The Lina H. McCord program welcomes eight students from United Methodist-related historically black colleges and universities (HBCU) to serve as its 2017 summer interns. The summer intern program, sponsored by the Black College Fund (BCF), a ministry of the General Board of Higher Education and Ministry (GBHEM), follows a model of communication and interaction that is a hallmark of the United Methodist Church's earliest traditions.
The five-day orientation included guest speakers and training designed to sharpen and enhance the students' communications skills, help them build networking and leadership skills and strive for personal and corporate excellence. As part of their training, the students toured Meharry Medical College (a BCF school), along with local United Methodist agencies and offices, including the General Board of Higher Education and Ministry, Africa University Development Office, Discipleship Ministries, the General Commission on United Methodist Men, the General Council on Finance and Administration, the United Methodist Publishing House and United Methodist Communications.
Throughout the year, the students will travel across United Methodist jurisdictions and annual conferences representing BCF and GBHEM. After successfully completing one year as an intern, students have the opportunity to become ambassadors, a permanent designation, which allows continued travel and representation of the program. Two current ambassadors, Jessica Love, graduate of Rust College, and Markus McKinney, senior at Rust College, attended orientation to help with training and serve as mentors for the newly selected interns.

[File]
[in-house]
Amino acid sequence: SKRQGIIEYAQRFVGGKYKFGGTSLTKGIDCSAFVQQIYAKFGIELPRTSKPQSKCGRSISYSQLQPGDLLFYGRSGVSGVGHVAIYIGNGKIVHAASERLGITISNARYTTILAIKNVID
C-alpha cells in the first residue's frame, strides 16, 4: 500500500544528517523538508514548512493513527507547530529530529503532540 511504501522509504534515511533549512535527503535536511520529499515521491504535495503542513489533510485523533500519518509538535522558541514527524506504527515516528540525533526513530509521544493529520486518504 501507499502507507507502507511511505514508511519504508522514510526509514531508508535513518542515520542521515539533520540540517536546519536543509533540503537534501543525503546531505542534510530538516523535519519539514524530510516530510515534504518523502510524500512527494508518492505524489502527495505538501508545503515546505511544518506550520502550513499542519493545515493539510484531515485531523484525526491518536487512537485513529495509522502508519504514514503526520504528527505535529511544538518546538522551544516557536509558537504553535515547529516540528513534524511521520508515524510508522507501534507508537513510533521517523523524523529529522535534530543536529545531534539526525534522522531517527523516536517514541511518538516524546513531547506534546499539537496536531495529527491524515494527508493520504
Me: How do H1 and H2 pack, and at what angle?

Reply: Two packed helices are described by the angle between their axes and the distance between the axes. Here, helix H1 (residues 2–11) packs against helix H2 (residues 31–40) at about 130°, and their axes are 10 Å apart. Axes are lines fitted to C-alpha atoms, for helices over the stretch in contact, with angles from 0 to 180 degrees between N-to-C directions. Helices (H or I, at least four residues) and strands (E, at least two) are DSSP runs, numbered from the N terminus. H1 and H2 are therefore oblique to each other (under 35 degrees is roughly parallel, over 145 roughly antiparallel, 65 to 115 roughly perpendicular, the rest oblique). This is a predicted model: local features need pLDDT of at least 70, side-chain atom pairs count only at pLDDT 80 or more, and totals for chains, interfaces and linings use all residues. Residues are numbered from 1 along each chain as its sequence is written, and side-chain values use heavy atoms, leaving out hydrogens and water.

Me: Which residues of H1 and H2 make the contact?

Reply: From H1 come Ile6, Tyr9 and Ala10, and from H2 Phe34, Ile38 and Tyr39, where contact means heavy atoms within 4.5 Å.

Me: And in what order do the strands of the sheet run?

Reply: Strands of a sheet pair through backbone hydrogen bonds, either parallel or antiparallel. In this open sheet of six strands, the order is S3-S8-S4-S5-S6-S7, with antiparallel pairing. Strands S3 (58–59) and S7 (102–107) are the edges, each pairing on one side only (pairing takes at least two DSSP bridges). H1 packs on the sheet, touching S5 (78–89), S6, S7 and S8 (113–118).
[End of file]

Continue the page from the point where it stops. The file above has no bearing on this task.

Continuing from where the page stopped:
"Lina H. McCord interns and ambassadors are critical to helping annual conferences and congregations in The United Methodist Church see where their money is going," said Dr. Cynthia Bond Hopson, assistant general secretary, Black College Fund and Ethnic Concerns, Division of Higher Education at GBHEM. "Historically black colleges and universities are still relevant and important in the life of the church. This program gives these students skills and an opportunity to share their success stories with United Methodists who have generously supported the Black College Fund. The McCord ambassadors are our best and brightest scholars and they beautifully represent the other 16,000 students who attend these 11 schools each year."
The ambassadors are named for the fund's longtime executive director, the late Lina H. McCord, and must be recommended by their chaplain and college or university's president to participate.
The Black College Fund, established by the 1972 United Methodist General Conference, provides support for operations, programs and capital improvements at the denomination's 11 HBCUs. The fund allows the institutions to keep their tuition and cost low. The United Methodist Church supports more HBCUs than any other religious organization.
"Because United Methodists faithfully and generously give to the Black College Fund, generations of students are able to dream, do and lead," continues Dr. Cynthia Bond Hopson. "Lina H. McCord interns and ambassadors are a shining example of the amazing work our institutions do every day."
General Board of Higher Education and Ministry website
One of seven apportioned giving opportunities of The United Methodist Church, the Black College Fund provides financial support to maintain solid, challenging academic programs; strong faculties; and well-equipped facilities at 11 United Methodist-related historically black colleges and universities. Please encourage your leaders and congregations to support the Black College Fund apportionment at 100 percent.